Tuesday, January 31, 2012

The Importance of an Accurate Contemporaneous Written Acknowledgment

Most everyone knows by now that, pursuant to IRC § 170(f)(8), charitable donors who make gifts of $250 or more must obtain a contemporaneous written acknowledgment (CWA) from the donee that states (i) the amount of the contribution, (ii) whether the donee provided any goods or services in consideration, and (iii) a description and good faith estimate of the value of any such goods or services. The Tax Court’s recent decision in Cohan v. Comm’r, T.C. Memo. 2012-8, emphasizes that the CWA must be complete and accurate. Cohan involved a purported bargain sale of rights of first refusal pertaining to property located on Martha’s Vineyard to a charity in exchange for some lots, leases, beach access rights, and other valuable consideration. The charity provided a CWA to the taxpayers in connection with the transaction, but the CWA did not reflect all of the consideration the charity provided to the taxpayers. The Tax Court sustained the IRS’s complete disallowance of the deductions claimed with respect to the donation component of the transaction because (i) the CWA did not include a description or good faith estimate of all of the consideration provided by the charity, (ii) the taxpayers' reliance on the CWA in calculating their deductions was not reasonable because they knew the CWA omitted certain items of consideration, (iii) and the CWA deficiencies could not be forgiven under the doctrine of substantial compliance because the information required to substantiate the contributions was not included anywhere else on the taxpayers’ income tax returns.

The Tax Court noted that the record strongly suggested that the parties made a conscious decision to exclude items of consideration from the CWA for purposes of calculating the amount of the bargain sale gift and to play the audit lottery. Quoting an earlier decision by the Ninth Circuit involving a similar issue, the court explained that the CWA requirement is important to the effective administration of our self-reporting tax system and “the Government depends upon the good faith and integrity of each potential taxpayer to disclose honestly all information relevant to tax liability.”

Cohan highlights a potentially troubling issue for charitable donors and donees because it will sometimes be unclear whether a donee’s actions in connection with a donation rise to the level of “goods or services” that need to be reflected on the CWA. For example, in Kaufman v. Comm’r, 136 T.C. No. 13, the IRS challenged deductions claimed with respect to the donation of a conservation easement and cash on a variety of grounds, including the donor’s “unquestioning and self-serving” reliance on CWAs that certified that the donee had provided no goods and services. The IRS argued that the CWAs “were erroneous and did not contain a good faith estimate of the value of the goods or services [the donee] provided” because the donee had accepted and processed the donor’s application, provided the donor with a form conservation easement agreement, undertaken to obtain approvals from the necessary government authorities, secured the lender agreement from the bank, given the donor’s husband basic tax advice, and provided the husband with a list of approved appraisers. The Tax Court sided with the donor on this issue, holding that the IRS failed to prove the monetary value, if any, of what the donor may have received from the donee, or that the donor “knew the items had value (if, indeed, they did) and, therefore, knew that the letters were inaccurate (if, indeed, they were).” But Cohan and Kaufman leave open the possibility that actions taken by a donee in connection with a donation may, in some circumstances, be deemed to rise to the level of “goods or services” that must be valued and reflected on the CWA, and failure to do so may result in a complete disallowance of the deduction.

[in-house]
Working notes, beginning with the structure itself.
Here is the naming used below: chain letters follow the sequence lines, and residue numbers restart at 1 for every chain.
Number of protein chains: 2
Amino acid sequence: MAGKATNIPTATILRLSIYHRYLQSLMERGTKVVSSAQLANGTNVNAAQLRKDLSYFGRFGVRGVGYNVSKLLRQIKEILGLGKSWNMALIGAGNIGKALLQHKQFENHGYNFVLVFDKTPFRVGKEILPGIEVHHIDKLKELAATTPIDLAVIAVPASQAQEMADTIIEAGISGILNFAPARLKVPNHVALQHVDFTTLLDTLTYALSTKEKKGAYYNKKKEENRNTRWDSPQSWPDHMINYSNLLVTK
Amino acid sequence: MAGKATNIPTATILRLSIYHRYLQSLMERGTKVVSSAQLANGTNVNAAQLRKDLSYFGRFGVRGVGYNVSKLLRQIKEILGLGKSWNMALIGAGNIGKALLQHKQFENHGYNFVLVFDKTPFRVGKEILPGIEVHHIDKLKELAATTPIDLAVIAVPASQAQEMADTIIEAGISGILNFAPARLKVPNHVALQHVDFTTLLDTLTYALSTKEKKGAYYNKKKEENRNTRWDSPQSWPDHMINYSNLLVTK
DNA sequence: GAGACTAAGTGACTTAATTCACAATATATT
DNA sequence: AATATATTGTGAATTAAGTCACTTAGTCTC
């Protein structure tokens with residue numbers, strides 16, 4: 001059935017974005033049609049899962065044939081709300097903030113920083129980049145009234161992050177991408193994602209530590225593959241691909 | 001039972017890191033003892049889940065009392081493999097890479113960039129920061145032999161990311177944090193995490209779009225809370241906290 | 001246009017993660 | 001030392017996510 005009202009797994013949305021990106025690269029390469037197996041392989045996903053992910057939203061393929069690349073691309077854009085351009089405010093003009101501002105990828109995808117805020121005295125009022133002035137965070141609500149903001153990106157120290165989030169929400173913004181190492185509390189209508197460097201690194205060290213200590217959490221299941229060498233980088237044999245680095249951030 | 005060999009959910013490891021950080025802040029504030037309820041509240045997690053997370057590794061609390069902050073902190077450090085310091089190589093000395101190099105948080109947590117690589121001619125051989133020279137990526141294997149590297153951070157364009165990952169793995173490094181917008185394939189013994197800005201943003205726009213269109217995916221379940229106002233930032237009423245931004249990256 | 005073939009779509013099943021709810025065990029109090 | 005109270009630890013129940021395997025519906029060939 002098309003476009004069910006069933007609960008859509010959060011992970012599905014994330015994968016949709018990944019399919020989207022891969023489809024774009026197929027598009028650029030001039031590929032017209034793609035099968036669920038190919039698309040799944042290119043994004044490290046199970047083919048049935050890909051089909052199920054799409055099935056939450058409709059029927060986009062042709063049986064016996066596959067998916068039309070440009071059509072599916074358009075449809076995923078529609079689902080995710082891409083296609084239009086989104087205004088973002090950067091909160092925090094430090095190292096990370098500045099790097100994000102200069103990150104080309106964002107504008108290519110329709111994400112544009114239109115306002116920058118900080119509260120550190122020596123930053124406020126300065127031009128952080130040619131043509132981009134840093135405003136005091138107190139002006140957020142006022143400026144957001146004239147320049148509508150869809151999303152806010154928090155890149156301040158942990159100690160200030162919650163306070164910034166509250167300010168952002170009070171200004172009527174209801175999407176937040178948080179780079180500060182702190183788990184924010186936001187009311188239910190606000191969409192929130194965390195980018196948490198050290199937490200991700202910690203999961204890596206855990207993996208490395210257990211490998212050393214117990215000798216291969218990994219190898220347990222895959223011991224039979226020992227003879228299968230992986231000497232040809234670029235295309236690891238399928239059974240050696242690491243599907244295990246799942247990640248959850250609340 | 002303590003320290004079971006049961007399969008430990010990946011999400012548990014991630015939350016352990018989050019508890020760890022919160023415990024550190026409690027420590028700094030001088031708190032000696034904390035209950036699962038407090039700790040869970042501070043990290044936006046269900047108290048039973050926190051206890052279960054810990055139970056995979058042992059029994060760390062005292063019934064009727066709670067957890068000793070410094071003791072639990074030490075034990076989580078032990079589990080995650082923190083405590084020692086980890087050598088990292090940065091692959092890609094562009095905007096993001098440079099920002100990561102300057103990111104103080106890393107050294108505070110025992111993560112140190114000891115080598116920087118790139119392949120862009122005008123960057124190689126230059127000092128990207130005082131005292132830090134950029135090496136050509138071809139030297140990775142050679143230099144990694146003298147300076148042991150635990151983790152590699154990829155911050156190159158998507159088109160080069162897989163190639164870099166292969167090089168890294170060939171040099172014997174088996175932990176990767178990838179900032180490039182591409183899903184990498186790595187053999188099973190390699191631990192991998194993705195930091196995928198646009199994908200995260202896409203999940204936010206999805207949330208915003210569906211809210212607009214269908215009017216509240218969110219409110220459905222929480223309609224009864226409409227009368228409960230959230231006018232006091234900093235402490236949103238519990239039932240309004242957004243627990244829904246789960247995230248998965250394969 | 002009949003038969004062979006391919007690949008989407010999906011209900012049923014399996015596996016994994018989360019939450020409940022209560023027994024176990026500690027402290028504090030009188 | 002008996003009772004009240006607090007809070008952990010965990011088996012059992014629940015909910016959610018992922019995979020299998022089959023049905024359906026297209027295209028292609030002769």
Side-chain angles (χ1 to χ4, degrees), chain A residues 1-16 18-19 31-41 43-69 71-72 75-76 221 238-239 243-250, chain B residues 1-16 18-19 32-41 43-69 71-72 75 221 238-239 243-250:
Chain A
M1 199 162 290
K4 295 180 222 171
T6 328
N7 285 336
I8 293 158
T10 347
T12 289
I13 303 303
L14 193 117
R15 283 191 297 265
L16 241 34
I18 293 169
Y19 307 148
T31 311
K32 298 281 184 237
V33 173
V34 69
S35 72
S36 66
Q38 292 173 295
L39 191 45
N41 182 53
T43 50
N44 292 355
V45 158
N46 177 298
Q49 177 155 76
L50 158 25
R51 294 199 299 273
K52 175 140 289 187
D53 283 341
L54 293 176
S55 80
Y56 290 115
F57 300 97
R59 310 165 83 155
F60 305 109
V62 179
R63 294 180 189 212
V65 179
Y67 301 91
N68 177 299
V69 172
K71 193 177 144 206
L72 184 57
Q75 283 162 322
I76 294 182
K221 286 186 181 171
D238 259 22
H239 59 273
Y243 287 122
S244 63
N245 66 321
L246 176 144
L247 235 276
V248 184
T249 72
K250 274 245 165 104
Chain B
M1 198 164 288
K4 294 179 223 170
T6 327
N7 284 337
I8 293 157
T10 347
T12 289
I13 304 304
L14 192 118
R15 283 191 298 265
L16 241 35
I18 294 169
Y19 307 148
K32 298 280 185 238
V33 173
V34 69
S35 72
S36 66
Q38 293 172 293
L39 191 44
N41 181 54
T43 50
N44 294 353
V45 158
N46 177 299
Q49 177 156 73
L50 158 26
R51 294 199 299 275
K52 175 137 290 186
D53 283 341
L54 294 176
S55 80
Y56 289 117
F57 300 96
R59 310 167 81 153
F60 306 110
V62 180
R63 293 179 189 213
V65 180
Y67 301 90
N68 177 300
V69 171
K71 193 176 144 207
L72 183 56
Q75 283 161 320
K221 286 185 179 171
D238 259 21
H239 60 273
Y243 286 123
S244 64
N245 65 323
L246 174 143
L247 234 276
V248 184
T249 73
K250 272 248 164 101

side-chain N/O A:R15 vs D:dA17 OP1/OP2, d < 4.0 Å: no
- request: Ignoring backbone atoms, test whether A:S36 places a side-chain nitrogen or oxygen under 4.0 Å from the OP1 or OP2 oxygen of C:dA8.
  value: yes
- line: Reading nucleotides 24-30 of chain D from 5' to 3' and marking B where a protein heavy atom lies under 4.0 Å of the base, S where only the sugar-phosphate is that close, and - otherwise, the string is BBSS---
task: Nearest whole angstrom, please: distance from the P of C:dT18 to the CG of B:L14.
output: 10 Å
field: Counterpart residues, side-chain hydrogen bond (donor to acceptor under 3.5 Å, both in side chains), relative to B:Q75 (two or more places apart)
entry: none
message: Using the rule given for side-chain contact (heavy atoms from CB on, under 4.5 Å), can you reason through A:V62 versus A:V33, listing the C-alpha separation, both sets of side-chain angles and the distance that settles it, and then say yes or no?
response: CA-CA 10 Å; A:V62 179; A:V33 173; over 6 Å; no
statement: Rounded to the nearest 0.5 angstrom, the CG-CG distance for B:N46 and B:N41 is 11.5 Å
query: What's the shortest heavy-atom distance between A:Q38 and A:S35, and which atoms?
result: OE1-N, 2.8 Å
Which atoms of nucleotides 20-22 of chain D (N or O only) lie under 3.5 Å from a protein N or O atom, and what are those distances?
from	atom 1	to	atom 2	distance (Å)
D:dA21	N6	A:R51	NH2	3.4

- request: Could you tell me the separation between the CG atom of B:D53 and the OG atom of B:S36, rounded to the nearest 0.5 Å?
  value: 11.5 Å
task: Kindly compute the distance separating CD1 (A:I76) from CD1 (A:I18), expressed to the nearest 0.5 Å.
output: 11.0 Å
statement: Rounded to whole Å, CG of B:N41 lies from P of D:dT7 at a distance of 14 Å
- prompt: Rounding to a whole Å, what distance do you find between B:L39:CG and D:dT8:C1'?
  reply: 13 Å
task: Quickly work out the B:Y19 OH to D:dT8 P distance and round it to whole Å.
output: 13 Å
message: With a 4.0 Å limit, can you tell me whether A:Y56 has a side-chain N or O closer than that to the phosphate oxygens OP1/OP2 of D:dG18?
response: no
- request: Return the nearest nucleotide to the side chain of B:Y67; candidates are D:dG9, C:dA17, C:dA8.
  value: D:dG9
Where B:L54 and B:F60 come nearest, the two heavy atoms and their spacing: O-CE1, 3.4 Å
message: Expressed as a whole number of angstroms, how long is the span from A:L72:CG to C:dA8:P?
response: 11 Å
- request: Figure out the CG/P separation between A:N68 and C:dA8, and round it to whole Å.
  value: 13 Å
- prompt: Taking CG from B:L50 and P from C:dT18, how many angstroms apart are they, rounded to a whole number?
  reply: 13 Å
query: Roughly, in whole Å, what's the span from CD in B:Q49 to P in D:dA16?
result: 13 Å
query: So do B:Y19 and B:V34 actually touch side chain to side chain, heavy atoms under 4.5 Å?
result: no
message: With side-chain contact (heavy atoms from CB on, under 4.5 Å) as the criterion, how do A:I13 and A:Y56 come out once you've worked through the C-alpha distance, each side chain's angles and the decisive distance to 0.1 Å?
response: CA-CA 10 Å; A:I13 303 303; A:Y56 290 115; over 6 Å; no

NAMcL

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